By Ainsley Trunkhill / Managing Editor-Content
The globally-sweeping social media app TikTok, with more than 1.53 billion users, provides individuals with access to unlimited content, ranging from viral dance videos to political discourse. Some, however, wonder whether that unlimited access has gone too far — and, perhaps, into the wrong hands.
Kansas Governor Laura Kelly is one such individual. In December, Kelly passed an executive order banning the app on state-issued devices, following in the suit of now 27 states that have done the same. The executive order arose amidst security concerns that the app’s data could be shared with the Chinese government via ByteDance, the Chinese company that owns TikTok. These concerns date back to former President Donald Trump’s threats to ban the app during his presidency and, more recently, warnings from the FBI and the Federal Communications Commission.
According to HutchCC Chief Information Officer of IT Services, Mandie Lyons, these warnings hold technological credibility. TikTok tracks and collects all user data in an extensive and aggressive manner, building intricate profiles on all individuals.
“(This) includes the ability to collect user contact lists, access calendars, scan hard drives including external ones, and geolocate devices on an hourly basis,” Lyons said.
Furthermore, TikTok does not guarantee user privacy. In fact, experts believe that data harvesting is the sole reason for the ample sanctions that TikTok possesses. While ByteDance does not claim any ties to the Chinese government, cybersecurity researchers are confident in the government’s ability to harvest TikTok data.
“Under China’s national security laws, Chinese companies are required to share access to data they collect upon request from the government,” Lyons said. “If ByteDance has your data, the Chinese government has your data.”
With tensions on the rise between the U.S. and China, data collection can present serious consequences. Both countries are major world players, though as the U.S. sees a decline in its power on the global stage, as International Relations Scholars argue, China sees an opportunity to fill the space as a rising power.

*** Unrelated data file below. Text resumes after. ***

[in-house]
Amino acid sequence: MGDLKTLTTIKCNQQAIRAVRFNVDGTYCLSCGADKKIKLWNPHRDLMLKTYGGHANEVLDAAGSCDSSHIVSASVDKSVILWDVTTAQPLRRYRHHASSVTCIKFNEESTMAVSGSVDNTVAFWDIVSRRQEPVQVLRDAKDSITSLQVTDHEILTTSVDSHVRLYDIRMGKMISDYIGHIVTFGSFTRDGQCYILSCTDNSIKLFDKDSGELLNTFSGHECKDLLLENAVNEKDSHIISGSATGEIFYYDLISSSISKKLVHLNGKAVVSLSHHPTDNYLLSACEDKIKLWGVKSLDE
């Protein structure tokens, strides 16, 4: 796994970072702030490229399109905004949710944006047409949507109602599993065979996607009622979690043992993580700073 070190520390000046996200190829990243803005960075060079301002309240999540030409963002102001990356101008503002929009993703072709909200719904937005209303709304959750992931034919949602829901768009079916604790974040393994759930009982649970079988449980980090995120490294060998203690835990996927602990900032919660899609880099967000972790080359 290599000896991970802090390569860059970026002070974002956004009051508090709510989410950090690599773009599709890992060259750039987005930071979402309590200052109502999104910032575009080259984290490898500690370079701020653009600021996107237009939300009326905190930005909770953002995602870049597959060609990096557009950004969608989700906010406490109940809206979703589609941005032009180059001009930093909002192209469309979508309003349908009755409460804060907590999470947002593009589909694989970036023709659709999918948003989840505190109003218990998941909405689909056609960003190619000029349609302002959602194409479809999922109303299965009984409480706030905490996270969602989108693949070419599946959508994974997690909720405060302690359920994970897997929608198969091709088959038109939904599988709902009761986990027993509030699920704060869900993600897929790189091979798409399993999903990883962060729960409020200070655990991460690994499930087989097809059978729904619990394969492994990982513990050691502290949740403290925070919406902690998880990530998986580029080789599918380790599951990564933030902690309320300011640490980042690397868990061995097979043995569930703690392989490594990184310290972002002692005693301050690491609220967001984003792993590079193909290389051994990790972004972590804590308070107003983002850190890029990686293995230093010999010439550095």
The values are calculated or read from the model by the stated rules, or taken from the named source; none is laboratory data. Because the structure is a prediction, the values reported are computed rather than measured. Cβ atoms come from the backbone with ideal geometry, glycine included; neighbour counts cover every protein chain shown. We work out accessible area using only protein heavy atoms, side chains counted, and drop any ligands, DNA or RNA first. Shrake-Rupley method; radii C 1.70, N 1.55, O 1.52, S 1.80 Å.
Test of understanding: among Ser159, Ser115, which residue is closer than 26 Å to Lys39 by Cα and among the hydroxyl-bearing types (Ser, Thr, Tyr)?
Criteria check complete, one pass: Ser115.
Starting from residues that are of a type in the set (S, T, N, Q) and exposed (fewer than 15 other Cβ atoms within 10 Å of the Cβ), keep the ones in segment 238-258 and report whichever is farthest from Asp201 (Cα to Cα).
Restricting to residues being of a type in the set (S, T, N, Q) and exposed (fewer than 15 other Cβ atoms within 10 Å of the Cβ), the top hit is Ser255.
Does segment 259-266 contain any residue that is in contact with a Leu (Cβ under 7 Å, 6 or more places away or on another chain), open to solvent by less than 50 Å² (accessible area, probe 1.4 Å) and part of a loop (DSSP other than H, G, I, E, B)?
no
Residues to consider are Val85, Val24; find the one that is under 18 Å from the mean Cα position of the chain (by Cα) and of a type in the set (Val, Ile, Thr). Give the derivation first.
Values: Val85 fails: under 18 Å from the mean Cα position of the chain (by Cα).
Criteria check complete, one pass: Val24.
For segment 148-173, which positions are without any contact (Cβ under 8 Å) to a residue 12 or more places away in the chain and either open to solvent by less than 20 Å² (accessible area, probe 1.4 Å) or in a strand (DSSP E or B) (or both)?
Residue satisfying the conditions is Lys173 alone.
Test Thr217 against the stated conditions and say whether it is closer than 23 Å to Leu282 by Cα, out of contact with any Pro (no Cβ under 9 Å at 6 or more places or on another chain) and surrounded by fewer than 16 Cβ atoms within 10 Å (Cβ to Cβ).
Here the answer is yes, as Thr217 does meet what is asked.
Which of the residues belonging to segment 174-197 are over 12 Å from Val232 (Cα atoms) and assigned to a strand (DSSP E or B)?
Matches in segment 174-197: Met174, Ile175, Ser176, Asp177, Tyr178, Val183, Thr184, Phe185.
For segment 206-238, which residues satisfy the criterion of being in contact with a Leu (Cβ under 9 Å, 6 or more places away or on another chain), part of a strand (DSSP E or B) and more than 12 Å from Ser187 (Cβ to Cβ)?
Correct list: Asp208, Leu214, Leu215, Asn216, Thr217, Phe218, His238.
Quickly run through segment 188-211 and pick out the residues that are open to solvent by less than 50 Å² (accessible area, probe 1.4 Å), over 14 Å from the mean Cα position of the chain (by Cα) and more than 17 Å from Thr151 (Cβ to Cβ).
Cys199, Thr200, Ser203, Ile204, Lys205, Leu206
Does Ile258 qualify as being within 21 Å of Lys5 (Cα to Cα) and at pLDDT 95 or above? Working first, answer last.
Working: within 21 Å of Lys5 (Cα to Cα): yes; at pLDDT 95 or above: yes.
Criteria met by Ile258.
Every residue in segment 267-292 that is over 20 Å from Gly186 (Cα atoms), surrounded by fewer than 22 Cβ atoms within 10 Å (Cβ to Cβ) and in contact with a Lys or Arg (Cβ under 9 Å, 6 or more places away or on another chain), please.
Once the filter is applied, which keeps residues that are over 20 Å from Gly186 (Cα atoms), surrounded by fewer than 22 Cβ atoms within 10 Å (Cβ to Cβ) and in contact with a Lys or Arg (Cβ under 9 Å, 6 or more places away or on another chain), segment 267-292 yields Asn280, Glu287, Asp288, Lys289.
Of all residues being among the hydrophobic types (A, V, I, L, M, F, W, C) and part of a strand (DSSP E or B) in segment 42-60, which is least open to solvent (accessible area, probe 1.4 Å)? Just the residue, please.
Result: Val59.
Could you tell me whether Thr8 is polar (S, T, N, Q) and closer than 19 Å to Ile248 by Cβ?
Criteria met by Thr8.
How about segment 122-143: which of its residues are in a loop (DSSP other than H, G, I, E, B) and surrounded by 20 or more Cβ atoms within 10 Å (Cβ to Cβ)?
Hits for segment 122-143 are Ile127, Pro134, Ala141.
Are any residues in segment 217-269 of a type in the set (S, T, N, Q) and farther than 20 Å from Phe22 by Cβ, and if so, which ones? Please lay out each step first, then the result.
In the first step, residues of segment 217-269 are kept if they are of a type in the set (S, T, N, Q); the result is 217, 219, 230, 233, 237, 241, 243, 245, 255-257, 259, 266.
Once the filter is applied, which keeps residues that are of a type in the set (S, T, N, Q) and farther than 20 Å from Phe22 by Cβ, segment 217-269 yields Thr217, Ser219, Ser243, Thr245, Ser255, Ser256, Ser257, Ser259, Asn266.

“China wants more power and wants to project itself more on the international stage and is finding itself better and better able to do so,” said Brooklyn Walker, a HutchCC government instructor.
While the average U.S. citizen may not experience these tensions in daily life, the consequences behind the scenes are potentially severe. The possession of data is a valuable tool, which is seen today in its expanding power in foreign relations.
“The threat to the American government is very real,” Walker said. “The more sensitive your position is, the bigger your risk is.”
Currently, Kelly’s executive order reflects this sentiment, with the ban only affecting state-issued devices in government positions. Discussions for the future, however, suggest that this territory may expand. Several states have already issued TikTok bans on not just state-issued devices, but on college campuses. Auburn University in Alabama, Oklahoma State University, the University of Texas, and Texas A&M are just a few examples of universities that have banned the app from school devices or while using campus WiFi.
“I use TikTok quite a bit,” Jessi Conner, a current HutchCC student, said. “If they banned it at HutchCC I’d be sad … it’s just something fun to do when you’re bored.”
Whether regulations reach the college campuses of Kansas or not, Lyons urges individuals to advocate for their own privacy. Her precautions for TikTok include “set permissions manually via in-app and in-device settings, ignore requests for sharing information, and avoid using TikTok for general messaging.”
Overall, individuals should not share passwords, they should use strong passwords, and limit the amount of personal data that they share online.
“Do not lose sleep over (this),” Lyons said. “Be informed and follow best practices to keep your data safe.”